The making of arrows, including shaping the wooden shafts and attaching the feathers.
|Craft category||Wood, Metal|
|Historic area of significance||UK|
|Area currently practised||UK|
|Origin in the UK||Neolithic|
|Current no. of professionals (main income)||45 members of the Guild of Bowyers & Fletchers; others unknown|
|Current no. of professionals (sideline to main income)
|Current no. of trainees||7|
|Current total no. serious amateur makers
|Current total no. of leisure makers
|Minimum no. of craftspeople required|
Amongst the earliest – and certainly the most complete – examples available to us are those recovered with the ‘Iceman’ in the Alps in 1991 along with his complete archery equipment. Moving forwards 3,000 years, over one hundred arrows and forty bows, dated to approximately 300 – 400AD were found in 1863 within a sunken longship, buried in the silt of a long gone sea inlet at Nydam, Schleswig, Germany. Apart from such exciting finds, there are few early archery artefacts available to us, other than arrow heads, and sometime tools for arrow making; there is little else to tell us of the arrows themselves. Some indications of arrow types may be gleaned from medieval illustrations, particularly of hunting scenes.
It is when investigation reaches the 16th century that there is much more by way of useful artefacts to engage us. When the sunken Tudor warship Mary Rose was discovered she contained several thousand arrows, which have been extensively examined. This was the period when the great English warbow – although approaching the end of its regular use – still formed an important part of the country’s armoury. The arrows can therefore be said to be indicative of what would have been used in battle for some 300 years.
It has been imagined that the rise of recreational archery did not commence until the war bow had had its day; but apart from the required Sunday practice there were always those whose pleasure it was to shoot. Roger Ascham in his book Toxophilus or the Schole of Shooting 1545, has given us a detailed account of archery as a healthy activity, taking the scholar from his books so that he might return refreshed. As well as some excellent coaching advice, he also described the equipment and has much to tell us about the arrow.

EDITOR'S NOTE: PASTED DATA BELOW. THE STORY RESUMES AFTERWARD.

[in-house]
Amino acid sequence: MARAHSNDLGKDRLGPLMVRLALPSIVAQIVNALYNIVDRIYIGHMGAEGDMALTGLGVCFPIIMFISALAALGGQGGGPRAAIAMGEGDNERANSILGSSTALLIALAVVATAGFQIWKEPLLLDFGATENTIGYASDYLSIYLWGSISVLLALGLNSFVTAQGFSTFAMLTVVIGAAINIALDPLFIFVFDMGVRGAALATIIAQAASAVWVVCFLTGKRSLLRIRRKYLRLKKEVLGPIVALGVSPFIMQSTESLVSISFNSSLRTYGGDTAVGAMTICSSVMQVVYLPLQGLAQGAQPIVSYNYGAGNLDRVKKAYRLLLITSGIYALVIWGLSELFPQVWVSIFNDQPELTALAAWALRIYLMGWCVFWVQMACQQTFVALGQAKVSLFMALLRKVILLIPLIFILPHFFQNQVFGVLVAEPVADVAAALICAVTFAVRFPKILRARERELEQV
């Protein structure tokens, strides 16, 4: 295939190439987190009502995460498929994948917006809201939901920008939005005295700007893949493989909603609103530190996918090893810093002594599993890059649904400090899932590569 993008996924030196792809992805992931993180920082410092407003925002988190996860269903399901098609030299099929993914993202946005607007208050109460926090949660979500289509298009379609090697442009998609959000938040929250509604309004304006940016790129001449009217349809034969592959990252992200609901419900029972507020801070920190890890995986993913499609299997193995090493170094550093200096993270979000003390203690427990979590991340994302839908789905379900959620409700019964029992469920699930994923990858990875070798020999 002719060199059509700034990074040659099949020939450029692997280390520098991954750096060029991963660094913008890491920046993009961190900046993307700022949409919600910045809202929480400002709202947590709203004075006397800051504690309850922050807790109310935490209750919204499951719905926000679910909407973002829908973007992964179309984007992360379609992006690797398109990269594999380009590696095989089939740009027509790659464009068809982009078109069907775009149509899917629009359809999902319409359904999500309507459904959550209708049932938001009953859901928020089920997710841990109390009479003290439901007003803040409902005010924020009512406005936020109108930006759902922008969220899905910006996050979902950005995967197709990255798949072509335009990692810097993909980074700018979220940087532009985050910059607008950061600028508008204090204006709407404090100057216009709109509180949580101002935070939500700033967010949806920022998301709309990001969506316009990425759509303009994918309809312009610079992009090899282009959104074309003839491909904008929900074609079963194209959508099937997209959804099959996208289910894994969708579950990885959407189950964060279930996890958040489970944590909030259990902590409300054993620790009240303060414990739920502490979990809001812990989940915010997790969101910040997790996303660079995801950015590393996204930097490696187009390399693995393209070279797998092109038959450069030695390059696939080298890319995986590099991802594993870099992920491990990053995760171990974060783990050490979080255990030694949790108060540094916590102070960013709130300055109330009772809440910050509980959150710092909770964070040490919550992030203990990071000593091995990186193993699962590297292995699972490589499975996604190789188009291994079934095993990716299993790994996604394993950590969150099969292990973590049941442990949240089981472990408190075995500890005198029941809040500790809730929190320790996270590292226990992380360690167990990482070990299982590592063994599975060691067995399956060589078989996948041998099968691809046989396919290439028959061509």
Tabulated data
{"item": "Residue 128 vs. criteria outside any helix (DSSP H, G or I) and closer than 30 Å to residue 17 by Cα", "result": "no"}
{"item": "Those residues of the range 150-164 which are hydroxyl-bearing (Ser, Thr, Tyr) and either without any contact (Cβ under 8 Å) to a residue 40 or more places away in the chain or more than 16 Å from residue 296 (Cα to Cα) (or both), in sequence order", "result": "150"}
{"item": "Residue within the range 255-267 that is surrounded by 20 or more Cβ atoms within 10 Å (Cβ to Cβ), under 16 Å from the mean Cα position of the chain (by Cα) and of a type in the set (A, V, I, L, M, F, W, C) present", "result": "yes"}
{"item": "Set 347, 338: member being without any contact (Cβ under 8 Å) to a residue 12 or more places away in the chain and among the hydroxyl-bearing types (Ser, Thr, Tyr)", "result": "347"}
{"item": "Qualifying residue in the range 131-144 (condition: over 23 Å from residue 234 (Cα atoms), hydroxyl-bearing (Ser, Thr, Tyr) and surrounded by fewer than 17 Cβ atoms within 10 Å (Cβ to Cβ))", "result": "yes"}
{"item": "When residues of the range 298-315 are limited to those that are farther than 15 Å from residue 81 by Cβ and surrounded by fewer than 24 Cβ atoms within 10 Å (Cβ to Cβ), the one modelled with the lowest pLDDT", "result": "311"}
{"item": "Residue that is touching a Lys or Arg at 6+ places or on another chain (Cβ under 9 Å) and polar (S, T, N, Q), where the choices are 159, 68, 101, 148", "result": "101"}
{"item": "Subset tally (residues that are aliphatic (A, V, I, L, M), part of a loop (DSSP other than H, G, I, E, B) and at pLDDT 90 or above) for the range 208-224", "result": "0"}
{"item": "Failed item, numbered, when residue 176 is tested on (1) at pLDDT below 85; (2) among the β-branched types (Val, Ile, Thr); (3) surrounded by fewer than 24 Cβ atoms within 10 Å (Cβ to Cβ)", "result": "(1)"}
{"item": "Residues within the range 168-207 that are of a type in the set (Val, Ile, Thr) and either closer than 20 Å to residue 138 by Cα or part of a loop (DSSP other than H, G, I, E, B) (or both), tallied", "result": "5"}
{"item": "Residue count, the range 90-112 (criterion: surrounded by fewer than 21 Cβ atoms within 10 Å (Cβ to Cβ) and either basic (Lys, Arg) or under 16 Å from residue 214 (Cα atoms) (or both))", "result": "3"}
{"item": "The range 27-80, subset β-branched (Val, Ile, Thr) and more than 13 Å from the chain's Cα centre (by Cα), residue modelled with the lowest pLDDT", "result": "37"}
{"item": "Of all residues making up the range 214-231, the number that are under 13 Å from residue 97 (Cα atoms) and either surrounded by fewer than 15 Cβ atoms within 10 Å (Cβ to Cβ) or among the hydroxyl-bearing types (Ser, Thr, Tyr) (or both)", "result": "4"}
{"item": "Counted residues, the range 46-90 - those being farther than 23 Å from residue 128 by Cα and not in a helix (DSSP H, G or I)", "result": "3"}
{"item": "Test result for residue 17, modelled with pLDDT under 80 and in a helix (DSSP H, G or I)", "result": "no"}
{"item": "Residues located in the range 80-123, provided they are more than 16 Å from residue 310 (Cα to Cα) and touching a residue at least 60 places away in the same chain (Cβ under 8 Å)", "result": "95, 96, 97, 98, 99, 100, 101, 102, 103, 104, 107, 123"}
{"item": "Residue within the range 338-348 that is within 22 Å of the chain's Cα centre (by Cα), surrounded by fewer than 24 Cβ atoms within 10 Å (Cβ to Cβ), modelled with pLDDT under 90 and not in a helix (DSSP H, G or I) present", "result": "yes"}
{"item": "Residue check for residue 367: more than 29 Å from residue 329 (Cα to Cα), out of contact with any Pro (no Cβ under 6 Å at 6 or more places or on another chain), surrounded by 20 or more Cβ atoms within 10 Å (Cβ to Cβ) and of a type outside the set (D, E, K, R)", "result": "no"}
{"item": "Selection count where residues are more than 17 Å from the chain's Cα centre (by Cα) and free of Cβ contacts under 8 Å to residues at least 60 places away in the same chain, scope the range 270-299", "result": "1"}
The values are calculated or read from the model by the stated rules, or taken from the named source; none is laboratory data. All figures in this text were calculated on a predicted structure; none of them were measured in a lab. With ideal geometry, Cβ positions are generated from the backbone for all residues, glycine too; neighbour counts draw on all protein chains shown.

Arrow profiles and styles changed little from Ascham’s time right into the 19th century, although complete horn nocks were introduced – probably in the 18th century – to replace the nock piece. However, with changes in archery practice from the long distance Roving and Clout to shorter butt and target shooting arrows did became lighter, to match the less powerful bows, and with smaller fletchings. Archers would have their personal colours marked upon them, called cresting, and manufacturers kept books recording each customers’ cresting colours.
Today, mainstream archery has gone its own technical way. But there are still numbers of archers whose delight it is to retain and use the old style equipment. The British Long-Bow Society perpetuates the use of the recreational longbow and its feathered wooden arrows, which would otherwise have disappeared.
There are variations depending on what wood is available and what the customer requires (e.g. for target, for field shooting for re-enactment or warbows for distance shooting, etc.)
Issues affecting the viability of the craft
Demand for the service
Too few young people to follow older ones as they retire
Not being able to accept apprentices in the usual commercial manner
Shortage and increased prices of quality timber
Market prices cannot be charged which provide a living
Most craftsmen only working part time on the craft and have other jobs
Craftspeople currently known
A list of fletchers can be found on the website of the Craft Guild of Traditional Bowyers & Fletchers.